“This isn’t just about kickstarting our country’s economy,” said Chancellor Rishi Sunak when he announced Kickstart, a flagship scheme to help young people into work, last July.
“It is an opportunity to kickstart the careers of thousands of young people who could otherwise be left behind as a result of the pandemic.”
Kickstart is open to those aged 16-24 who are claiming Universal Credit. Companies that sign up to the scheme and create roles specifically for young people are given funding by the government to pay workers the national minimum wage for 25 hours a week (plus national insurance and pension contributions).
Employers are also able to top up offerings to extend pay and/or hours worked, to help young people at risk of long-term unemployment get a foothold on the career ladder.
Yet so far, the impact of the Kickstart scheme has been underwhelming. Of the 250,000 jobs for which the government set aside £2bn worth of funding, only 76,900 have to date been taken up – around 30 per cent of the original target.
Even though the programme has helped some young people into work, an exclusive New Statesman analysis of the monthly number of new starts – figures which were attained under the Freedom of Information Act – reveals that the recent fall in youth unemployment has not been driven by the scheme.
Between last October and June this year, youth unemployment had fallen by 1.49 percentage points; however, only around 0.5 per cent of economically-active young people had started a placement on Kickstart by June.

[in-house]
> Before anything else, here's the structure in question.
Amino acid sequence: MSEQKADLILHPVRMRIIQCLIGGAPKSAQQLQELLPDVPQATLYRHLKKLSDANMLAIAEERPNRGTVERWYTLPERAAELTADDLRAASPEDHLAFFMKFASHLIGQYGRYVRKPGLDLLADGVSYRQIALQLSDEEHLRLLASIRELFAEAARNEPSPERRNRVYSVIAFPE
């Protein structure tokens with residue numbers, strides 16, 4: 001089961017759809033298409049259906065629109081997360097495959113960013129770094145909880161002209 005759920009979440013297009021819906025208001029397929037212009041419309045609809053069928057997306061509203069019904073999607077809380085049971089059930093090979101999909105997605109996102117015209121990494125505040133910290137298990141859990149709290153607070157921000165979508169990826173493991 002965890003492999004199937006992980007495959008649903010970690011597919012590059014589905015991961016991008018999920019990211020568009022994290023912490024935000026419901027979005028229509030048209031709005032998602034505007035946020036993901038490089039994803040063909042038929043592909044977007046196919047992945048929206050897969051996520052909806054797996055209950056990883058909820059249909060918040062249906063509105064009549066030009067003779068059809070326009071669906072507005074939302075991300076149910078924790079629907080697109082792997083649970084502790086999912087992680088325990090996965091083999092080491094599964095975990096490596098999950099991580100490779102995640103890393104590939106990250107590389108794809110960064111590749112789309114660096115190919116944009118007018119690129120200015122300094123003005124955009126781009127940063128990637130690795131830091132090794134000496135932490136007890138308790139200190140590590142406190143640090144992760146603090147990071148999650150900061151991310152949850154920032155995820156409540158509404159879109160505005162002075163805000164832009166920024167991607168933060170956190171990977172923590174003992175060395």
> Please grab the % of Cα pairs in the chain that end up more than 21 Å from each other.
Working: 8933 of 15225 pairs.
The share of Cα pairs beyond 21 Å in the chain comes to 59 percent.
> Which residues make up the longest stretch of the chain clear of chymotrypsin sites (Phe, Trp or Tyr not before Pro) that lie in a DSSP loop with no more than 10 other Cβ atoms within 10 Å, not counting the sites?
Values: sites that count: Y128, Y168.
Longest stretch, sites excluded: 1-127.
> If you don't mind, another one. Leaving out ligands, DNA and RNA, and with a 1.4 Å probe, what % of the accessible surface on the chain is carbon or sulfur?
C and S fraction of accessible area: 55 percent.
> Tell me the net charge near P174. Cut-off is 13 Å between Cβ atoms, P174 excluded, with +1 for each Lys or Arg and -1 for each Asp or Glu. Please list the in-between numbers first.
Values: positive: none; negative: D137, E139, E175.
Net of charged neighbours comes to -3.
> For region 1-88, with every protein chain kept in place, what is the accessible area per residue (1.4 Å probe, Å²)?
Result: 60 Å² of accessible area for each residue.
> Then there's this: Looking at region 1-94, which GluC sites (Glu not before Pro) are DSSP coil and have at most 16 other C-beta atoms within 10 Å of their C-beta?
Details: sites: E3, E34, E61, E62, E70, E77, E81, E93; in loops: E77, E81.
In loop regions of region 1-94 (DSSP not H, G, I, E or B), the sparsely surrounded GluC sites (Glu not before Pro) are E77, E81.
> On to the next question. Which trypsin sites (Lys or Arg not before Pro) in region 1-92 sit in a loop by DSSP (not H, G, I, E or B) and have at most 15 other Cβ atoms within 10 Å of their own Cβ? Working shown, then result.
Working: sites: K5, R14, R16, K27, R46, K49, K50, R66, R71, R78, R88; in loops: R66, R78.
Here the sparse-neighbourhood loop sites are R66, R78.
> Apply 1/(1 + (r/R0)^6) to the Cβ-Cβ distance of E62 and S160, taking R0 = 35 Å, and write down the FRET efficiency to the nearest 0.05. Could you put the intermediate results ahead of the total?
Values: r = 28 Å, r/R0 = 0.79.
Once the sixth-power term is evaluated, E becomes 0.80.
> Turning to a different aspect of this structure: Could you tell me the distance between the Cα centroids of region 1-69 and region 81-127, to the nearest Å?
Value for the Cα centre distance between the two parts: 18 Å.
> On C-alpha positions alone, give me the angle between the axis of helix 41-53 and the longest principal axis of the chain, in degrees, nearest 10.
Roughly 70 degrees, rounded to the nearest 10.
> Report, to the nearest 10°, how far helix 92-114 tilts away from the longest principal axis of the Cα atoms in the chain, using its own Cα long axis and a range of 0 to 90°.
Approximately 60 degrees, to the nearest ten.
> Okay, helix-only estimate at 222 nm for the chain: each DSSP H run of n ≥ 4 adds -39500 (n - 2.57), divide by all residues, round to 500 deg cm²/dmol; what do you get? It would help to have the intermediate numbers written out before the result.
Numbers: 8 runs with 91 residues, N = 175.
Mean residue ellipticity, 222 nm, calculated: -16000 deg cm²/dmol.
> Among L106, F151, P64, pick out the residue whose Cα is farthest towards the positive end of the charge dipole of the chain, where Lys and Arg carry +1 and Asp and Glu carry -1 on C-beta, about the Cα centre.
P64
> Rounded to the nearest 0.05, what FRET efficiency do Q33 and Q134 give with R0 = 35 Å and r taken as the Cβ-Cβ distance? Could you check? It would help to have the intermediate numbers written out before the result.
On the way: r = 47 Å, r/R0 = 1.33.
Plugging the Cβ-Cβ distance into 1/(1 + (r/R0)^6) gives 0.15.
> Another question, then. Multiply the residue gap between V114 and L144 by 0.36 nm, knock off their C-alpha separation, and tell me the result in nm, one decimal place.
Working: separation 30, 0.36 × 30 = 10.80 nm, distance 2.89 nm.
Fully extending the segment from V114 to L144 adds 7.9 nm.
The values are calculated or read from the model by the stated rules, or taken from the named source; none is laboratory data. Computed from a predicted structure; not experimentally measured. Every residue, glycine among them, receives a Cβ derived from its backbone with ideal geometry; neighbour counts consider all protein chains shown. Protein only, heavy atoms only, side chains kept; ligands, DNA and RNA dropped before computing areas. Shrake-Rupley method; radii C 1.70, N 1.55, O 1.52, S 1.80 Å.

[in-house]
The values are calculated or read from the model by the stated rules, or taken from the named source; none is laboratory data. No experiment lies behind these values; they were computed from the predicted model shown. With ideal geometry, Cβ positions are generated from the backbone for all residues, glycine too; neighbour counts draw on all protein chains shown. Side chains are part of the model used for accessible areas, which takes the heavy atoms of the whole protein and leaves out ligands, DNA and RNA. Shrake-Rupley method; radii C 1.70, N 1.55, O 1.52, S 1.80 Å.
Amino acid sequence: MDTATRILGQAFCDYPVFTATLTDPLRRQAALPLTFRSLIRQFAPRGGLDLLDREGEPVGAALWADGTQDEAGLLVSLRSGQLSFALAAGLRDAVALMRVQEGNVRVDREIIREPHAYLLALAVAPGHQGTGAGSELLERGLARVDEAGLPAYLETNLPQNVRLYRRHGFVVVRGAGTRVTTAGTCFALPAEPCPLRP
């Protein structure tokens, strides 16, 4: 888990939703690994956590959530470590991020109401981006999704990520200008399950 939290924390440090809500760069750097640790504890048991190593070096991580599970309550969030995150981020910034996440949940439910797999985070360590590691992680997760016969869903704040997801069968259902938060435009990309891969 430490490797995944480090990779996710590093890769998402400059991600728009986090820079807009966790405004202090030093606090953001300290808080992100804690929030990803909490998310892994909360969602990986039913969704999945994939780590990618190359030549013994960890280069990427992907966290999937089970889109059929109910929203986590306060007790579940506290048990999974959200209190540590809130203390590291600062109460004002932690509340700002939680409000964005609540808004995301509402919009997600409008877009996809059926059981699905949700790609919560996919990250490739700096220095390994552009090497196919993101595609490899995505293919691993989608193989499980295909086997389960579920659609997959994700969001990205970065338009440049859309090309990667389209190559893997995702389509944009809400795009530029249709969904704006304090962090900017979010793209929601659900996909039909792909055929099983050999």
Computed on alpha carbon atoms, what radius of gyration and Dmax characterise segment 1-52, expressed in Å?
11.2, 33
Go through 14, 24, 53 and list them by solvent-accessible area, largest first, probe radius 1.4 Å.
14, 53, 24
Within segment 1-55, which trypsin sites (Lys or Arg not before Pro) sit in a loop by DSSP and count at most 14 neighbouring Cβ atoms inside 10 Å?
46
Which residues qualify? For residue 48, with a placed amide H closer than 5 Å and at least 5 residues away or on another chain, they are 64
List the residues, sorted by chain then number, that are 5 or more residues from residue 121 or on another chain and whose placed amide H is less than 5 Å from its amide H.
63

Young people have been hit hard by the financial impact of the pandemic. Research from the Trades Union Congress reveals that young people are facing the highest rates of redundancy, largest falls in employment and the largest fall in hours worked.
In his speech to the 2021 Conservative Party conference on Monday 4 October, Sunak announced that the scheme will be extended by four months, and will now end in March 2022.
But as the Universal Credit (UC) £20-a-week uplift is cut and following the end of furlough (which mostly benefited younger workers), there are questions over how effective the scheme has been so far.
The programme has already come under scrutiny, particularly after a slow start with only 6,000 placements beginning by March. Jonathan Reynolds MP, the shadow work and pensions secretary, called the scheme “too slow” and not “enough to meet the scale of the challenge”, quipping at the time that “[young] people will be closer to retirement than they are to a Kickstart placement”.
The scheme has not been easy to navigate for many young people and small and mid-size enterprises (SMEs).
Businesses keen to take on new starters have been met with seemingly endless delays in the application process, waiting on the Department for Work and Pensions (DWP) to approve funding and have roles listed at job centres.
To help ease the pressure, the DWP hired intermediary “gateway agents”, to connect SMEs to candidates, but delays persist.
“I currently have over 100 roles that have not been filled. Some of the job descriptions were sent around May [to] June,” says Jess Salamanca, who runs her own SME based in London and is an official gateway for the scheme.
“The fact that they [DWP] haven't been able to fill these roles is because there’s so many inefficiencies in the system; not that there aren’t enough roles available,” says Salamanca.
Despite hiring five Kickstarters since the scheme began, Salamanca says breakdowns between the DWP and job centres have led to interviews where she has not been given the CVs of potential prospects, while the candidates themselves have only seen a job title but no description of the role on offer.